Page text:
European Patent Office Adopts Study on Patents and Publishes First Edition of the Unitary Patent Guide
By Kletia Noti
On November 14, 2017, the European Patent Office (“EPO”) published a study titled “Patents, trade and foreign direct investment in the European Union” (hereinafter, “Study”). Inter alia, the Study assesses “the impact of the European patent system on the circulation of technologies through trade and foreign direct investment in the EU single market. The Study opines that the current patent system in Europe could bring increased benefits if further harmonization were accomplished. Under the current patent system, fragmentation post-grant gives rise to limitations which may hinder cross-border trade and investment in IP- and technology-intensive industries. According to the Study, the Unitary Patent will remove many of these limitations.
The Study follows the EPO publication, on 18 August 2017, of the first edition of the Unitary Patent Guide (hereinafter, “Guide”). The Guide aims to provide companies, inventors and their representatives with an outline of the procedure involved in obtaining a Unitary Patent from the EPO, once the EPO has granted a European patent on the basis of the provisions laid down in the European Patent Convention (“EPC”). In particular, the Guide addresses the mechanisms to obtain and renew a Unitary Patent, the information which will be rendered available about the already granted Unitary Patents, who can act before the EPO with regard to a Unitary Patent and how to record changes of ownership and licenses.
In addition to the classic routes to obtain a patent in the EU (i.e. the national route; the European patent), a Unitary Patent can be sought as a result of the Unitary Patent reform. The Unitary Patent will make it possible to get patent protection in up to 26 EU Member States by submitting a single request to the EPO, making the procedure simpler and more cost effective for applicants. More specifically, the Unitary Patent is a “European patent with unitary effect”, which means a European patent granted by the European Patent Office under the rules and procedures of the European Patent Convention (EPC).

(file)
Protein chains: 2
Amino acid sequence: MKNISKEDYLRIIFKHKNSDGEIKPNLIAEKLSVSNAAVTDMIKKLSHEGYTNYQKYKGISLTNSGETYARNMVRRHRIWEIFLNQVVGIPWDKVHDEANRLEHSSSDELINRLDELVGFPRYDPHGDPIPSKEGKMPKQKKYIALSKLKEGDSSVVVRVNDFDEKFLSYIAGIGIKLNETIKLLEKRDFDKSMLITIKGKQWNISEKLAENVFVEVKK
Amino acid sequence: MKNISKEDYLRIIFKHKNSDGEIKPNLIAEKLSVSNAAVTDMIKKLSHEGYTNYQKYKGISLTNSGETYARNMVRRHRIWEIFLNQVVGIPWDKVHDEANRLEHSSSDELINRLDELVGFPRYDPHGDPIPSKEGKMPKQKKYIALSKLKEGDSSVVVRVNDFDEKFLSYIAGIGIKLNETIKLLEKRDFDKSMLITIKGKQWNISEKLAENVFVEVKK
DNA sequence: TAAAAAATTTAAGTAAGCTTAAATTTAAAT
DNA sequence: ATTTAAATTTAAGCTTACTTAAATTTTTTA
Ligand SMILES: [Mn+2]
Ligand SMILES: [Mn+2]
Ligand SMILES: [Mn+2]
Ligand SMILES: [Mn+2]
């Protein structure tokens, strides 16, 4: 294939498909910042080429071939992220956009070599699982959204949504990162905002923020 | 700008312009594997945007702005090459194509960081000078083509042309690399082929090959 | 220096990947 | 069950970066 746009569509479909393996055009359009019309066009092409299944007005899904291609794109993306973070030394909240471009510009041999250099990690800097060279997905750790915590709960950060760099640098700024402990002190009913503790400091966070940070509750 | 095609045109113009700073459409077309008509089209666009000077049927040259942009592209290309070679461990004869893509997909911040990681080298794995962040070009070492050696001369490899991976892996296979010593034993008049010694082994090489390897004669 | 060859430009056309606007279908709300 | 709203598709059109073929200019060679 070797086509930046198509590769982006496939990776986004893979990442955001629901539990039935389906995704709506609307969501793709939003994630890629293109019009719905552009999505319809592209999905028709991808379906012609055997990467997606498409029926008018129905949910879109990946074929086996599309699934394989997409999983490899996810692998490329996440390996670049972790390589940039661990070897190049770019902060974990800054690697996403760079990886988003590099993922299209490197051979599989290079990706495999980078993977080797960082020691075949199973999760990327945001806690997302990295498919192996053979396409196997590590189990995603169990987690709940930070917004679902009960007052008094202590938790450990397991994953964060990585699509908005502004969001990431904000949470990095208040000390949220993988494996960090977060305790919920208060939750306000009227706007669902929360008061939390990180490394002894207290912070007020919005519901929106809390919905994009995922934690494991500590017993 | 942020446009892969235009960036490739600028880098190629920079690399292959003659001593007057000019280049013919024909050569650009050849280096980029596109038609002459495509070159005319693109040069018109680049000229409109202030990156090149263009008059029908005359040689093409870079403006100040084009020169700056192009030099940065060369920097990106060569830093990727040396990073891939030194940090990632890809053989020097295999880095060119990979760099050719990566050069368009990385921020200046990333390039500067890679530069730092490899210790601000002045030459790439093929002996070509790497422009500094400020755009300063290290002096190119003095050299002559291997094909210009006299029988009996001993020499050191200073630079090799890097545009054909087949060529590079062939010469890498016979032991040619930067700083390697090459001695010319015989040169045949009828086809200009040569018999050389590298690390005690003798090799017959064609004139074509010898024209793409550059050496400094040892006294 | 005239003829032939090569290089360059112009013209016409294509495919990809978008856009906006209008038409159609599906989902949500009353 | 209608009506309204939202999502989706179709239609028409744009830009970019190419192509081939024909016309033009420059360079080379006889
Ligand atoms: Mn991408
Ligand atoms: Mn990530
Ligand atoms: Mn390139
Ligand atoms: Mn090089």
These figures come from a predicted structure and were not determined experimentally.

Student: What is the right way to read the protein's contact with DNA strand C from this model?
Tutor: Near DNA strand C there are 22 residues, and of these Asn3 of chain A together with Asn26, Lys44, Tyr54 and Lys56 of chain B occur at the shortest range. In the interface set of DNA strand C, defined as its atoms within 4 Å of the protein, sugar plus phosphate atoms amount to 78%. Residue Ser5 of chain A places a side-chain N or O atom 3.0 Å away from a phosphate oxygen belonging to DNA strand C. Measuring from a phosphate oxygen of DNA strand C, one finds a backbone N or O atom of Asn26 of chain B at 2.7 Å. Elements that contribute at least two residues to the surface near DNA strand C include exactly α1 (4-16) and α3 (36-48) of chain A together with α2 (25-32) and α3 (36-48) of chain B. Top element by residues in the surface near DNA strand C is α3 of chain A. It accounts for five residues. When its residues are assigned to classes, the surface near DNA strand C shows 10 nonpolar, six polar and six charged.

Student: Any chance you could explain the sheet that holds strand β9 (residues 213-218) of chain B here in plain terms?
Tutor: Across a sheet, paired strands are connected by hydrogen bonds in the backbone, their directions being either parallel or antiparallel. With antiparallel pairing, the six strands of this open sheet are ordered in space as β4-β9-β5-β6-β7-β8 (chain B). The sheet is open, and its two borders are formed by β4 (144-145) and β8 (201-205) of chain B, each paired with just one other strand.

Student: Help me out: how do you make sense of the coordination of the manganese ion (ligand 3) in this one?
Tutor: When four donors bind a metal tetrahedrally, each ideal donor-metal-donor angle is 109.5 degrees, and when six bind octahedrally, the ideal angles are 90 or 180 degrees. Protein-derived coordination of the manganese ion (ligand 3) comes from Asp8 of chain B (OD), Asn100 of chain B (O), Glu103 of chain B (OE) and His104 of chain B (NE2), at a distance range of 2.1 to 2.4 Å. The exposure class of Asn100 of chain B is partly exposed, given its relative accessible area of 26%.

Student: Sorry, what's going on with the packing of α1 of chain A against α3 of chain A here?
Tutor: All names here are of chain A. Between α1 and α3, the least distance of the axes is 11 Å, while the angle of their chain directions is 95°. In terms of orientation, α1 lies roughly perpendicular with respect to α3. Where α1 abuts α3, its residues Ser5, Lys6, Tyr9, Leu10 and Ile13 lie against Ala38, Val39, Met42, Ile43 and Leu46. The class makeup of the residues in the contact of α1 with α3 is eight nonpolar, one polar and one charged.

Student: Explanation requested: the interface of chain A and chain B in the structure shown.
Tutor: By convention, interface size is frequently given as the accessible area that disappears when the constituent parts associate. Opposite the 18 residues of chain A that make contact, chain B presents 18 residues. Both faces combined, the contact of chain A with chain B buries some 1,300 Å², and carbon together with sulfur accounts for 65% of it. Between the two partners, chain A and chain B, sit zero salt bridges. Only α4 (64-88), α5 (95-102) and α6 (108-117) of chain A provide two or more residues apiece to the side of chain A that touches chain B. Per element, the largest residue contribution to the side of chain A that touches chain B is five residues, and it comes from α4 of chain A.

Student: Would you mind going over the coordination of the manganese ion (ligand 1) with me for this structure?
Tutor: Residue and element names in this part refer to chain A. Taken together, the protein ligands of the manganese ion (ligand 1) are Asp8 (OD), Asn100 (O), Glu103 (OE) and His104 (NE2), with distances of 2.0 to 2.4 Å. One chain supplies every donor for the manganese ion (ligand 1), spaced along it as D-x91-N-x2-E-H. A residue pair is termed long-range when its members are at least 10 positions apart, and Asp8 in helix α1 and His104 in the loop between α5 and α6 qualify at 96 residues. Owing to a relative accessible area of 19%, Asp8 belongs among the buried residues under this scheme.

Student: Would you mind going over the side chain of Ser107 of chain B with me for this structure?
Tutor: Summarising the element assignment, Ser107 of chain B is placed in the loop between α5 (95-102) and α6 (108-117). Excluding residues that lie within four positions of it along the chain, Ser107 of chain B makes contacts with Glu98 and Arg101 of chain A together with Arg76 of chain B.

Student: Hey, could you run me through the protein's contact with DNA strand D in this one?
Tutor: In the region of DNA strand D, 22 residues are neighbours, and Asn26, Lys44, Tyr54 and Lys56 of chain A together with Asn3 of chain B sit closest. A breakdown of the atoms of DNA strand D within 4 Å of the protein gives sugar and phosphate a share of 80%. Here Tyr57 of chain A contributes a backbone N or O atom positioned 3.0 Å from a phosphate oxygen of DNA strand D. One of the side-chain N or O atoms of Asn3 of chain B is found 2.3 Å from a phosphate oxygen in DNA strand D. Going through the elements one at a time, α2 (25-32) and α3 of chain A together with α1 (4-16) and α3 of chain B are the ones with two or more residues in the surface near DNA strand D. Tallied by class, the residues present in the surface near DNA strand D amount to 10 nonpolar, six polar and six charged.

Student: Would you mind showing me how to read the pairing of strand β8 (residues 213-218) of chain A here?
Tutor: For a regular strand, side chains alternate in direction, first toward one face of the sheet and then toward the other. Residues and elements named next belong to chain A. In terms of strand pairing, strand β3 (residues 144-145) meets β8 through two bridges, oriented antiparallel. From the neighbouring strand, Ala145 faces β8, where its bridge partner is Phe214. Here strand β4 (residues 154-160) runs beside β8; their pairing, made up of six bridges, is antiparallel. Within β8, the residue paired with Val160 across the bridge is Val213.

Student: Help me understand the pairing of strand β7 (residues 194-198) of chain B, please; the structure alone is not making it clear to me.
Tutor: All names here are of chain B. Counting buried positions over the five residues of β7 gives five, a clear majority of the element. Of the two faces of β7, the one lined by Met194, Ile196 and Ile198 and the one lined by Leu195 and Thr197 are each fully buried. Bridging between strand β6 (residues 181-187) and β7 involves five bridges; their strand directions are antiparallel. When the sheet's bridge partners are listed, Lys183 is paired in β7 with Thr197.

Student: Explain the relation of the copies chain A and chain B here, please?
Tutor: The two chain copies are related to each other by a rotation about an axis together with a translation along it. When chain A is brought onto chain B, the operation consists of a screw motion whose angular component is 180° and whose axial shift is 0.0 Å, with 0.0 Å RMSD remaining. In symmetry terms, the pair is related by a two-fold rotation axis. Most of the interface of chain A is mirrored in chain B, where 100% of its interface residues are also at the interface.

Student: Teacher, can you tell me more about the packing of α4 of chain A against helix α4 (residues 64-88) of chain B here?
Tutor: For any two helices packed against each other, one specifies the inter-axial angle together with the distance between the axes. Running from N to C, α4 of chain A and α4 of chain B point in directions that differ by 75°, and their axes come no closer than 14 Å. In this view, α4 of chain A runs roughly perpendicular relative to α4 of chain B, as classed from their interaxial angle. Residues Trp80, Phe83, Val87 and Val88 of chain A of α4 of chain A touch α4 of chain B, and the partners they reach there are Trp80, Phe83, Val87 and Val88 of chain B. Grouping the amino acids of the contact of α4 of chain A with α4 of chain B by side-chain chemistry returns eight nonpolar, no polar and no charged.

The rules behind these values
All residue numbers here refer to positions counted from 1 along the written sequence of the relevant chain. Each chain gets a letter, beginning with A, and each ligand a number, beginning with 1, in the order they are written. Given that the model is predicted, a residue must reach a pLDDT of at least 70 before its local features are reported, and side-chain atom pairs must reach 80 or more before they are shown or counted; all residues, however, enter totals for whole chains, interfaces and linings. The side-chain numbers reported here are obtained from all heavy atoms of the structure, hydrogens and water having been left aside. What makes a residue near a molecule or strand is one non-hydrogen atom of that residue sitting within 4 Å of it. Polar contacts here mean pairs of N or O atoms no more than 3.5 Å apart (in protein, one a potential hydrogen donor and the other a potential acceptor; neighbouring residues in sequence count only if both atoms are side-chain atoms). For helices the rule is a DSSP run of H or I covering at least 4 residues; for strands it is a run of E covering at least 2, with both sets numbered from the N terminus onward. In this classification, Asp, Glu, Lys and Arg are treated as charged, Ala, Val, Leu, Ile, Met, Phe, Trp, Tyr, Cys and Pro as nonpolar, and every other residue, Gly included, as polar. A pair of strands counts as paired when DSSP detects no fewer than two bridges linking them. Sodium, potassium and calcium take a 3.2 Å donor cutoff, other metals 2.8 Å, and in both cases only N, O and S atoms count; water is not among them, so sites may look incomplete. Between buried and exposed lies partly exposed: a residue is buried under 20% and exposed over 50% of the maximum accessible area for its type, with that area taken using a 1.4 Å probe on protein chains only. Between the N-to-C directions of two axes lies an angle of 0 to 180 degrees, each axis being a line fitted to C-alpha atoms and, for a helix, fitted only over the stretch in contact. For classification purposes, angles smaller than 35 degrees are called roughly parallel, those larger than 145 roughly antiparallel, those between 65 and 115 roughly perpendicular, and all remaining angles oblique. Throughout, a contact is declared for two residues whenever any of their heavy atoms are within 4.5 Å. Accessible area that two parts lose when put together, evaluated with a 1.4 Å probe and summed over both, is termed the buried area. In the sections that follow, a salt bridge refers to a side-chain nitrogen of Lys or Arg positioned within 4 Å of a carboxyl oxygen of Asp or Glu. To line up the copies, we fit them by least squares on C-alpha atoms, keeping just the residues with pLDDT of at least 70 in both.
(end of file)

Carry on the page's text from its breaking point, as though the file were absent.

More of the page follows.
At the pre-grant phase, the procedure will follow the same steps as those for European patents granted by the EPO under the rules of the EPC. If the criteria set out under the EPC are met, the EPO grants a European patent. Once the European patent is granted, the patent proprietor will be able to request unitary effect, thereby obtaining a Unitary Patent which provides uniform patent protection in up to 26 EU Member States. Namely, what distinguishes the European patent from the Unitary Patent is that, after the grant, the proprietor may ask the EPO for unitary effect to be attributed for the territory of the participating EU Member States in which the Agreement on a Unified Patent Court (hereinafter, “UPCA”) , an international treaty, has taken effect at the date of registration.
Against the above background, the Unitary Patent will thus cover the territories of those participating EU Member States in which the UPCA has taken effect at the date of registration of unitary effect by the EPO. The EPO clarifies that, as it is likely that the ratification will occur successively, there will be different generations of Unitary Patents with different territorial coverage. This means that, although 26 EU Member States are currently participating in the Unitary Patent scheme, Unitary Patents registered at the outset will not cover all 26 of their territories, because some of them have not yet ratified the UPCA.
On November 20, 2017, the President of the Council of the EU published a summary of the situation in the 25 Member States which have signed the Unified Patent Court Agreement (UPCA) concerning both their ratification of the UPCA and their consent to be bound by its Protocol on Provisional Application (PPA).
While France has already ratified the UPCA and has expressed consent to be bound by the PPA, the UK and Germany have not done so yet.